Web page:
I think part of the attraction to these is they are set and forget devices. Solar is too. Just consider it and realize it is about $400 for a good sized array with an MPPT controller. $260 for an adequate set up with PWM. If you do that your batteries will be properly charged, last longer, and be ready if you run the van or not. The argument for Projecta as a device to properly charge the batteries when one does not have solar has merit but it's purchase has misdirected money to an alternative that cannot do what the solar can- charge the batteries when the van is not running.
Please don’t harden your opinion against solar due to having purchased a Battery Doctor or a Progecta. The fact it has a solar controller built in should encourage you. I do believe every van with an auxiliary battery should have solar. If you don’t have much height like ProEddie glue down flex panels, they are then “Stealth” too.
 

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so what your comparing at price point is not even close to equal in charge ability and power. at $260 I have 40 amps of charging at the turn of a key with also having the ability to hook up a panel or 2 or 4 . at $260 for solar you'll be lucky to get even close to the charge capacity with a whole day of sun that I get with the projecta in about an hour or less.


Also I do not think every van should have solar cause like I said everyone's situation is different and for you it works and you love it and for me i have never come close to saying man I need solar. THE ONLY reason i am considering a panel is because the projecta allows me to easily and 100% automatically add it. If i had to add another system and have a manually switch back and forth it wouldn't even be in my mind to have solar. I'm not gonna lie every time we have this argument i go and look at solar panels, than think about holes in the roof and having them up there all the time and my curiosity quickly fades. Now if i boon docked for days at a time without moving than **** yeah i would have 400 watts on the roof but for me it just seems like a waste and its not fun sitting in one place for to long anyway!


All in all i think these little arguments are what help people learn and form there own opinions. How boring would it be if every van in here was exactly the same!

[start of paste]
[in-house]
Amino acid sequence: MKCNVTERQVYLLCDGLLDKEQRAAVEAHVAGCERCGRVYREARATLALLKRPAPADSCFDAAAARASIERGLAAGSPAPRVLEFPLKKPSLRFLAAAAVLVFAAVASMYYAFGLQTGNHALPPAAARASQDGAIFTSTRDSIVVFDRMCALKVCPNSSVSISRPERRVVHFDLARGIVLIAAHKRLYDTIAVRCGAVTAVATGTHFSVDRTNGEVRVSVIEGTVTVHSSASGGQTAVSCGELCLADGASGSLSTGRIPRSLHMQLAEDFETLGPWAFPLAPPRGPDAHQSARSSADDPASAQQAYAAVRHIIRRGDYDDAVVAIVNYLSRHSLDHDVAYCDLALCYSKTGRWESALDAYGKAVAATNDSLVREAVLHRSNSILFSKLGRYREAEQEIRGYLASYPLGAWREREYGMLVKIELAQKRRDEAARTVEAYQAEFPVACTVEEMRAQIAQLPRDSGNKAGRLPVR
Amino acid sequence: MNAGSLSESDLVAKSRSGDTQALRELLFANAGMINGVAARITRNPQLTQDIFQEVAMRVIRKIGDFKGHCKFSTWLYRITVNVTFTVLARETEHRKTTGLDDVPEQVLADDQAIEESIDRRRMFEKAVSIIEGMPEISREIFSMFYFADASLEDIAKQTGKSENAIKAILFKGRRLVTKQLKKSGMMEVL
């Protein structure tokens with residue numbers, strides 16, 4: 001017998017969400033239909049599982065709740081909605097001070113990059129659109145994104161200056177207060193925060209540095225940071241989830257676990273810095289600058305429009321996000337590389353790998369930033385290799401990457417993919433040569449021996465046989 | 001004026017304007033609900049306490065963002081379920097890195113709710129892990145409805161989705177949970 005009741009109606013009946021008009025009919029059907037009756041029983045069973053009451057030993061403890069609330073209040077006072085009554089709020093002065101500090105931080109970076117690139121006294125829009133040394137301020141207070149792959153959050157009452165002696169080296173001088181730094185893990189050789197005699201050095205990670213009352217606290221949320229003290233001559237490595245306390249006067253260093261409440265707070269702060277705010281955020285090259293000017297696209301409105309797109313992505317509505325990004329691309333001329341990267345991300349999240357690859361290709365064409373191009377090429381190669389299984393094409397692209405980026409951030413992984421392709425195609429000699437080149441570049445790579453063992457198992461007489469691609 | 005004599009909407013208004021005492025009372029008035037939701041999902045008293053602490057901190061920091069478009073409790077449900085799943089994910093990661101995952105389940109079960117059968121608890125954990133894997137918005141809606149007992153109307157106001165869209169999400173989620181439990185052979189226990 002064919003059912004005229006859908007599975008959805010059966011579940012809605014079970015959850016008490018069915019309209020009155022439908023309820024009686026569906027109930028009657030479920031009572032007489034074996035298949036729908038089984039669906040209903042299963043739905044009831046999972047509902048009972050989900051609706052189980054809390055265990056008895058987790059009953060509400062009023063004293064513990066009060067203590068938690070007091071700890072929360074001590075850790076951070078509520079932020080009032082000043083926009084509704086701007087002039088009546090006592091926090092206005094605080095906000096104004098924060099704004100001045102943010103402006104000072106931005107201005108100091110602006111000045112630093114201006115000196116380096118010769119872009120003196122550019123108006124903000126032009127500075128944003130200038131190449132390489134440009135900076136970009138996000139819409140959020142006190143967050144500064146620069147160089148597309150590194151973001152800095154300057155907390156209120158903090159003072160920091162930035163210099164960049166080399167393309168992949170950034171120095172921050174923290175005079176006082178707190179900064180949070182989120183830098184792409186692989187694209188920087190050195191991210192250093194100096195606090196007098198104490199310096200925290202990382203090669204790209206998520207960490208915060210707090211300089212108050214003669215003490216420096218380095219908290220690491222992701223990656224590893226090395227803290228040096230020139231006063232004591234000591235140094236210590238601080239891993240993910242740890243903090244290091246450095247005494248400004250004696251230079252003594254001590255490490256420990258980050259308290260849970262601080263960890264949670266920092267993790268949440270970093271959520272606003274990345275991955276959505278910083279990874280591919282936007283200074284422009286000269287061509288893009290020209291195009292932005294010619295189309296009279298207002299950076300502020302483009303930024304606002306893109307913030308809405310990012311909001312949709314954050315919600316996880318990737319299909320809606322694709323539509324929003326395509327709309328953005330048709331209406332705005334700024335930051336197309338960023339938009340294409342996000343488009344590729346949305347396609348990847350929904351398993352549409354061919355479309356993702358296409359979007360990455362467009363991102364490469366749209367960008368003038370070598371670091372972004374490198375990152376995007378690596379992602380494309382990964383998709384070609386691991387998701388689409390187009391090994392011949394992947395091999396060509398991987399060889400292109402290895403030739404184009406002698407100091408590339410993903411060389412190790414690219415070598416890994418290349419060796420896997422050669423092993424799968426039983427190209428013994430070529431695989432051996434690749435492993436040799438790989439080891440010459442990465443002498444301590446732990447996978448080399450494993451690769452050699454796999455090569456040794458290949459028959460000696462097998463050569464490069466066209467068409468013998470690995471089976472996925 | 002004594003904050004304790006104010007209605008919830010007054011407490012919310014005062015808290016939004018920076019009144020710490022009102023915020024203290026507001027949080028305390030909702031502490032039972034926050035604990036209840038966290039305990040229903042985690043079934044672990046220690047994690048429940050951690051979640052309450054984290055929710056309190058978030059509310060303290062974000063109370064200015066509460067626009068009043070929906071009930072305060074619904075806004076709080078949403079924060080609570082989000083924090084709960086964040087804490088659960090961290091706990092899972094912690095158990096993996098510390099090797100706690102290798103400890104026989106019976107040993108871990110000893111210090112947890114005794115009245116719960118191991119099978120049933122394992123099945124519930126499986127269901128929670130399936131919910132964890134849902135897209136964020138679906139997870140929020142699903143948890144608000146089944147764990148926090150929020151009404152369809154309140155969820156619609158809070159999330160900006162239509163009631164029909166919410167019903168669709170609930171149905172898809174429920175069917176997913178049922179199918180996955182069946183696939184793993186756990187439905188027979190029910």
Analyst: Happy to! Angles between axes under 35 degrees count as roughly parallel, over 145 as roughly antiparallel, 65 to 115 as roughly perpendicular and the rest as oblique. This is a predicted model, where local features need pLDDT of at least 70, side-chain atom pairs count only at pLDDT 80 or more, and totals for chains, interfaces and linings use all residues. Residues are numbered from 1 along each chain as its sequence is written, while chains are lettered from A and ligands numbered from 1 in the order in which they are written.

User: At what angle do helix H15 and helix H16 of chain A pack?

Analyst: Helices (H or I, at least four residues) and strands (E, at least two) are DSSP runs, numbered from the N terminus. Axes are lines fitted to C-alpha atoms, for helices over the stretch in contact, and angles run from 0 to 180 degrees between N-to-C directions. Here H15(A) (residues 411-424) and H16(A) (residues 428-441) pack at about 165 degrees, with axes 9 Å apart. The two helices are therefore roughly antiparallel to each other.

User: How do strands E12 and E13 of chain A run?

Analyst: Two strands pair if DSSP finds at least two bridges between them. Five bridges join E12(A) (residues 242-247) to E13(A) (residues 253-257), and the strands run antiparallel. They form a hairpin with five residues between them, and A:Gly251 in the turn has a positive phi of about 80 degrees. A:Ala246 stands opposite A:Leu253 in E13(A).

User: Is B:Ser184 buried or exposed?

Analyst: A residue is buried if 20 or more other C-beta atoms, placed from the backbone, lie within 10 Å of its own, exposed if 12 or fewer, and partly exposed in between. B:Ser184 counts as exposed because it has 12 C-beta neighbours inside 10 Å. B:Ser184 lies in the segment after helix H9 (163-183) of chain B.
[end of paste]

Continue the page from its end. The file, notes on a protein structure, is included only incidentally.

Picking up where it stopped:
Oh and BTW i don't see much benefit of the diesel over the gas i get 23mpg Highway in my gasser!>:D
 

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so what your comparing at price point is not even close to equal in charge ability and power. at $260 I have 40 amps of charging at the turn of a key with also having the ability to hook up a panel or 2 or 4 . at $260 for solar you'll be lucky to get even close to the charge capacity with a whole day of sun that I get with the projecta in about an hour or less.


Also I do not think every van should have solar cause like I said everyone's situation is different and for you it works and you love it and for me i have never come close to saying man I need solar. THE ONLY reason i am considering a panel is because the projecta allows me to easily and 100% automatically add it. If i had to add another system and have a manually switch back and forth it wouldn't even be in my mind to have solar. I'm not gonna lie every time we have this argument i go and look at solar panels, than think about holes in the roof and having them up there all the time and my curiosity quickly fades. Now if i boon docked for days at a time without moving than **** yeah i would have 400 watts on the roof but for me it just seems like a waste and its not fun sitting in one place for to long anyway!


All in all i think these little arguments are what help people learn and form there own opinions. How boring would it be if every van in here was exactly the same!


Oh and BTW i don't see much benefit of the diesel over the gas i get 23mpg Highway in my gasser!>:D
How the heck do you get 23mpg in your gasser? If I averaged 17 I'd be happy. And I try to baby it.

Sent from my SM-P900 using Tapatalk
 

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Thanks for the added comments on solar. I do get it. Although I maintain that a simple solenoid in your case would do the same charging rate, would never have to be manually switched off so it would meet your needs. I have used one for many years to do just what you are doing with the Projecta. If you ever get to the solar side I think and hope you would see why I feel that any auxiliary battery should get it. Holes! Yes- fan, two awning windows, battery vent, power inlet, screws for solar and a junction box. The Vent is the biggest on the roof and has the best chance of future leaks. The screws and the cable inlet are insignificant. Some here have avoided both.